His opinion yesterday in Ledbetter is a classic case in point. Alito, before citing a precedent, blandly asserts that Ledbetter’s “argument is squarely foreclosed by our precedents” and that “It would be difficult to speak to the point more directly.” But the precedent cited — which involves a case in which a woman resigned because if a discriminatory policy, and then sued for back pay after being hired several years later — is hardly a “square” or “direct” analogy (or, as Alito claims, “basically the same” argument.) That case dealt with two discrete acts, with the potential discrimination of the first resignation more more transparent than relative pay discrimination between employees. The precedent is a point in the company’s favor, but nothing more than that; it’s hardly controlling. The Morgan case cited by the dissenters — which involved non-discrete, ongoing discrimination — is at least as relevant, and it seems to me much more so. Alito’s bland rhetoric conceals characterizations of precedents that are tendentious in the extreme.
So, yes, Altio’s measured tones don’t have any of the quotable “Kulturkampf” rhetoric of a Scalia opinion; there’s nothing about gender discrimination being a glorious American tradition or something. This doesn’t make him better than Scalia to people oppose gender discrimination, however. It makes him even more dangerous.
Media Czech has finished his Atheist’s Guide to the 2007 Kentucky Elections. I understand that he is preparing a similar document for the Presidential primary field…
The Times’ Dave Leonhardt does a pretty decent job today of surveying Lou Dobbs’ fact-free mental landscape (though it should be noted that
nothing Leonhardt has to say couldn’t have been discovered three weeks ago at Orcinus — see Dave Neiwert’s posts here and here).
Taking Dobbs’ disgusting leprosy fables as a starting point, Leonhardt explains why this case is emblematic:
For one thing, Mr. Dobbs has a somewhat flexible relationship with reality. He has said, for example, that one-third of the inmates in the federal prison system are illegal immigrants. That’s wrong, too. According to the Justice Department, 6 percent of prisoners in this country are noncitizens (compared with 7 percent of the population). For a variety of reasons, the crime rate is actually lower among immigrants than natives.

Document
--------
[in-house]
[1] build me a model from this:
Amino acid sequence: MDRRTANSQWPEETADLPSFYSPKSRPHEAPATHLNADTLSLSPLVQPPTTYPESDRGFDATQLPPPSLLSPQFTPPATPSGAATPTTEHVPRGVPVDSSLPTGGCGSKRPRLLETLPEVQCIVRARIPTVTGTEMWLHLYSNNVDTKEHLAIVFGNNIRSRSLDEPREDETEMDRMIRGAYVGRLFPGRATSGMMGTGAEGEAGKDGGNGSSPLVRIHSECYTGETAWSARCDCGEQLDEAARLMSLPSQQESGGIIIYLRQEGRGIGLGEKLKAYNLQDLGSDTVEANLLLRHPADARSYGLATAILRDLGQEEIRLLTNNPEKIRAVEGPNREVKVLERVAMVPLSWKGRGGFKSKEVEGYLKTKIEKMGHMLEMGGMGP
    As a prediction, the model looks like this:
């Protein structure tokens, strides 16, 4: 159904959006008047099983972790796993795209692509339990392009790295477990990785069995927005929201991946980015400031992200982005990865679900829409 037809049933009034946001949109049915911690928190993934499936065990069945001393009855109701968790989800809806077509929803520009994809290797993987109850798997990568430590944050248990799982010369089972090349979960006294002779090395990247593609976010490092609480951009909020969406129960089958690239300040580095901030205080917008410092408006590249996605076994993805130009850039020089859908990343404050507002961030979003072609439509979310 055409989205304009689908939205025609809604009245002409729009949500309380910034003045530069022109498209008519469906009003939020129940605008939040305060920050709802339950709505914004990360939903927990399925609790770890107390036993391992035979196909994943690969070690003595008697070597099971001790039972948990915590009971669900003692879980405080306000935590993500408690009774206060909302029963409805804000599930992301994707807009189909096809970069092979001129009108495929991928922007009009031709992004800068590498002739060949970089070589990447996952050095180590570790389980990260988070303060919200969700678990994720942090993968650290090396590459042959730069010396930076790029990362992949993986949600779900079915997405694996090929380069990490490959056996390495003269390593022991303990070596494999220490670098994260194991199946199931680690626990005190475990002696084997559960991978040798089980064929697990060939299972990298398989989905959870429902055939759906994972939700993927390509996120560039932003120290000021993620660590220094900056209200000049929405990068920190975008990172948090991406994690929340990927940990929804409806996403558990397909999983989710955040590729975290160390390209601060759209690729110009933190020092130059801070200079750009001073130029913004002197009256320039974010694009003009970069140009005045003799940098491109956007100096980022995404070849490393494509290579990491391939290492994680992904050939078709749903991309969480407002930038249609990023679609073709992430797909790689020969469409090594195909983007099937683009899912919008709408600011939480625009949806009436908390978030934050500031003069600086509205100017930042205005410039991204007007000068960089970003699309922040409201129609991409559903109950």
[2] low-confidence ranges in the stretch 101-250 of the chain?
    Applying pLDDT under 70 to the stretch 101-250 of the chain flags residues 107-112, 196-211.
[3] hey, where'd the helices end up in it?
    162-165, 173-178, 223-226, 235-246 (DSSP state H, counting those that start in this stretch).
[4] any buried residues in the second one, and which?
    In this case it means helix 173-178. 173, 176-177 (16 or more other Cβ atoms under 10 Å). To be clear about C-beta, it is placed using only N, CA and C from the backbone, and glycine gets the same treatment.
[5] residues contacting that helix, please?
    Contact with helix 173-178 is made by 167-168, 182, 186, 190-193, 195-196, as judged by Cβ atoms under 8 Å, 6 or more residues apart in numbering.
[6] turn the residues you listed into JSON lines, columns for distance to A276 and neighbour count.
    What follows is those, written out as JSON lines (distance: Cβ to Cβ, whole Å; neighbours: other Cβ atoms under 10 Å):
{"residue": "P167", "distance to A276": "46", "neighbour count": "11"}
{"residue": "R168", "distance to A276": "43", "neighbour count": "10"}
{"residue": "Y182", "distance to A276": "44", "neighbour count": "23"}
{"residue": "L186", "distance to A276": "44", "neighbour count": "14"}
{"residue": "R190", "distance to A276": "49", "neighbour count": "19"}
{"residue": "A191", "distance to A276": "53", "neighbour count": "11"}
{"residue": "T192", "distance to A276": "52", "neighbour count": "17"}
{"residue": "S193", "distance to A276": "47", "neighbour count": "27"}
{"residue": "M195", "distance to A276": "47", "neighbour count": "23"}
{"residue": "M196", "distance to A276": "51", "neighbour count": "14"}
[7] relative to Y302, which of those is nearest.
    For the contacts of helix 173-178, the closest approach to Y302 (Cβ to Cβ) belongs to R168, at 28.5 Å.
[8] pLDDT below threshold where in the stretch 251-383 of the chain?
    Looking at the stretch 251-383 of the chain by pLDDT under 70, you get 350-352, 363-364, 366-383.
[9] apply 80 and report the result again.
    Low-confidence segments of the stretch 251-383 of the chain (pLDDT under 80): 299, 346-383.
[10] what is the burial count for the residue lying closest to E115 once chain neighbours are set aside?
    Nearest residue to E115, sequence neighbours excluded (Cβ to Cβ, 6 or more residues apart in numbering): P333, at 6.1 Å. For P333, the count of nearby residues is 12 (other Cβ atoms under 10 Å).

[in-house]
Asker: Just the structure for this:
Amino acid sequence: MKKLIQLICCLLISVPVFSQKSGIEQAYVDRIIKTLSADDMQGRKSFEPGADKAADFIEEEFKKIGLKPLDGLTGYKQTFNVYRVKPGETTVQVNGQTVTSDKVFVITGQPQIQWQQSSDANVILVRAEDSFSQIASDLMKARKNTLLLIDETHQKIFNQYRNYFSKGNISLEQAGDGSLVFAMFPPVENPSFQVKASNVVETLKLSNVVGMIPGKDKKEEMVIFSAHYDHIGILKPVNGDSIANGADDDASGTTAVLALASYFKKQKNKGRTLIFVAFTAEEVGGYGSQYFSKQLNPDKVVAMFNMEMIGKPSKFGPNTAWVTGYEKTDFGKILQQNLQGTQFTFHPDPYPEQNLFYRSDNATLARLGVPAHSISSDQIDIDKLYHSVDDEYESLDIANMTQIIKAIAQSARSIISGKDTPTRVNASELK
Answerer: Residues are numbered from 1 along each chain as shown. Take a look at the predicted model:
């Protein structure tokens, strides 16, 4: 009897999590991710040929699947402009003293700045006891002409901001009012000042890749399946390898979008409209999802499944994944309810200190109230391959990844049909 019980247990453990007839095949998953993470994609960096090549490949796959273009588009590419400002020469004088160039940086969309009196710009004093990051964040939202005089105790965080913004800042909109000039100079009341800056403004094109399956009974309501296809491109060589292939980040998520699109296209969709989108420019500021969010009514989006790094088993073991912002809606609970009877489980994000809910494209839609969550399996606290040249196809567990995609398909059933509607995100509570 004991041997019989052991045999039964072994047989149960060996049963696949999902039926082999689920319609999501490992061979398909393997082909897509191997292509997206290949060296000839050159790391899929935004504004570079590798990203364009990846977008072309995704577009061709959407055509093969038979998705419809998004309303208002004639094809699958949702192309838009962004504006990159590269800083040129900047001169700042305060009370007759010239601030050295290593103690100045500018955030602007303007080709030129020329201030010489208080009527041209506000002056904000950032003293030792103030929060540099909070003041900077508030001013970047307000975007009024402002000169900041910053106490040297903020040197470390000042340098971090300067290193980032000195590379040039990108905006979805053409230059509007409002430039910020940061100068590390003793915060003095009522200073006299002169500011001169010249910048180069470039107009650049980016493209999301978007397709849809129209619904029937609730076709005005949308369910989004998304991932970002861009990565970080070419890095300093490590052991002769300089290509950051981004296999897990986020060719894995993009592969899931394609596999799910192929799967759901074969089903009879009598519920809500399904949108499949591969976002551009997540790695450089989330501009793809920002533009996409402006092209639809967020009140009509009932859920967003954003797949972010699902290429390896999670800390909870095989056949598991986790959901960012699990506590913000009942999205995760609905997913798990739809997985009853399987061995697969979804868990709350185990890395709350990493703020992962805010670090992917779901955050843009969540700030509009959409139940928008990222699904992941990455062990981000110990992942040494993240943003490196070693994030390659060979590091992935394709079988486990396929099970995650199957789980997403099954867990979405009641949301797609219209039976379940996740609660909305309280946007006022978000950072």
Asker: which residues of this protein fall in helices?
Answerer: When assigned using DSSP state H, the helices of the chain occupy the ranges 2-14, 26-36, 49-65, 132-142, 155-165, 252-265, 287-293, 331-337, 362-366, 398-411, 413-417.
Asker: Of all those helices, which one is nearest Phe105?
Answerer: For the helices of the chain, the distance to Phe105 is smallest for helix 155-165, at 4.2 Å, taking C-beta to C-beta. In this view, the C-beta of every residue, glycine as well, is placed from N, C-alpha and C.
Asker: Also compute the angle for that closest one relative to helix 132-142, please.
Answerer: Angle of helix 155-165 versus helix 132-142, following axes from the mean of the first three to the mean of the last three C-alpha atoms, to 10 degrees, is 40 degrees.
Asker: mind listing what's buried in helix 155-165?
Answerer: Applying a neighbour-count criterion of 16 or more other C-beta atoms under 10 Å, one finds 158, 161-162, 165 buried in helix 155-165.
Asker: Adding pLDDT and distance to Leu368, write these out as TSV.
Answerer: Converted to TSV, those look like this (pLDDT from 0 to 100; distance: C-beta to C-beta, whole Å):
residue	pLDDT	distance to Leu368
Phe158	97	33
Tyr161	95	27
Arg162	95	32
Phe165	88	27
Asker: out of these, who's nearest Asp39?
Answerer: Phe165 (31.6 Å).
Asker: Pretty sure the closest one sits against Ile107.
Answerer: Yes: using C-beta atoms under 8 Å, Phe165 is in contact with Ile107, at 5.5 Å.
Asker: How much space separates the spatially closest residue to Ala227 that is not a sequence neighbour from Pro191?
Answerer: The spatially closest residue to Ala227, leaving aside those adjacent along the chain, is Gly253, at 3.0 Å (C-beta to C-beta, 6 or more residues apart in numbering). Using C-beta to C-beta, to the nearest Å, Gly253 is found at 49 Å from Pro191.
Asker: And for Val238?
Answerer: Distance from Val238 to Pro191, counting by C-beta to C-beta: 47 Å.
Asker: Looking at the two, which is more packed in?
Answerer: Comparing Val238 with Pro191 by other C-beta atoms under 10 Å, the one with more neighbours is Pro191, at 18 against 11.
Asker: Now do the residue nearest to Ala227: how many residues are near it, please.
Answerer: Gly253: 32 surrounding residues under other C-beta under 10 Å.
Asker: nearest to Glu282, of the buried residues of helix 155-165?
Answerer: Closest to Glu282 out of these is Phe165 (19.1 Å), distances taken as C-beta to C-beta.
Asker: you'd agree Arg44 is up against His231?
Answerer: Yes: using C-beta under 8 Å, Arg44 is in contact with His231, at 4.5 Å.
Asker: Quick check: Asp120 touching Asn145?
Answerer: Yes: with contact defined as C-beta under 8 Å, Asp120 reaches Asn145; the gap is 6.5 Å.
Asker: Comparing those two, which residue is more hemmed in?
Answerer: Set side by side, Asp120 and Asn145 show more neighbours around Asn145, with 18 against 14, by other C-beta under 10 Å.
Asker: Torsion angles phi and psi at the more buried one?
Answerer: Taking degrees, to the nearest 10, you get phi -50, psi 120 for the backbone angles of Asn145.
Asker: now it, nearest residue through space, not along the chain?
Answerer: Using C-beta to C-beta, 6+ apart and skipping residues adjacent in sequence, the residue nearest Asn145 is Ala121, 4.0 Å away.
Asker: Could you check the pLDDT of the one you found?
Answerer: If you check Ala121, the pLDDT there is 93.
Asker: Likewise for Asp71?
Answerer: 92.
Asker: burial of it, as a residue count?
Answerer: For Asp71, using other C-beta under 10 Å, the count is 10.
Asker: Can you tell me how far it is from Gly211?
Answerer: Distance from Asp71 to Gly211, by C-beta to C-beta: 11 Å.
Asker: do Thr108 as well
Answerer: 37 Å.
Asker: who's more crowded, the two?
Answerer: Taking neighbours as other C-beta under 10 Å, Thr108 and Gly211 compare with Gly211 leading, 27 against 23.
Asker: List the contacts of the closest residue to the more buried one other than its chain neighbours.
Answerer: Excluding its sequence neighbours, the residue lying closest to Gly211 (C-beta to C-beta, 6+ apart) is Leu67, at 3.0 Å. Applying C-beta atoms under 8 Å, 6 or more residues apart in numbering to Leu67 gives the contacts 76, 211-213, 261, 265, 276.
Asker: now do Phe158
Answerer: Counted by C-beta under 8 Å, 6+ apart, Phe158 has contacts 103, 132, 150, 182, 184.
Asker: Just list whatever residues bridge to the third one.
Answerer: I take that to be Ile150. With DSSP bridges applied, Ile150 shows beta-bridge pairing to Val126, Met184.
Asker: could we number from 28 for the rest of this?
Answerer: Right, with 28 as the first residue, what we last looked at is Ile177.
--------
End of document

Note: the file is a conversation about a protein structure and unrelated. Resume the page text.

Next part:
Second, Mr. Dobbs really does give airtime to white supremacy sympathizers. Ms. Cosman, who is now deceased, was a lawyer and Renaissance studies scholar, never a medical doctor or a leprosy expert. She gave speeches in which she said that Mexican immigrants had a habit of molesting children. Back in their home villages, she would explain, rape was not as serious a crime as cow stealing.
Leonhardt is certainly correct as far as all this goes — it takes about five minutes of viewing to realize that Dobbs’ ears ooze with whatever offal remains in his head after his mouth stops moving. But this point continues to miss the larger, more consequential one. As I think Neiwert is right to argue, Dobbs is a venal, race-baiting blowhard who doesn’t simply outsource his arguments to white supremacy sympathizers but instead allows the fantasies of geniune white supremacists to guide his program content. Moreover, he’s the worst kind of American populist — waving his thick fists incoherently about the corporate overlords while devoting three times as much energy to fighting the weakest, most vulnerable and most despised fractions of society.
Hilzoy points to another in the endless series of empirical studies and professional testimonials indicating that torture is useless for the purpose of intelligence-driven interrogation. There’s no value trade-off here; torture is both bad and useless. So why do Republican presidential candidates have such a hard time condemning the practice?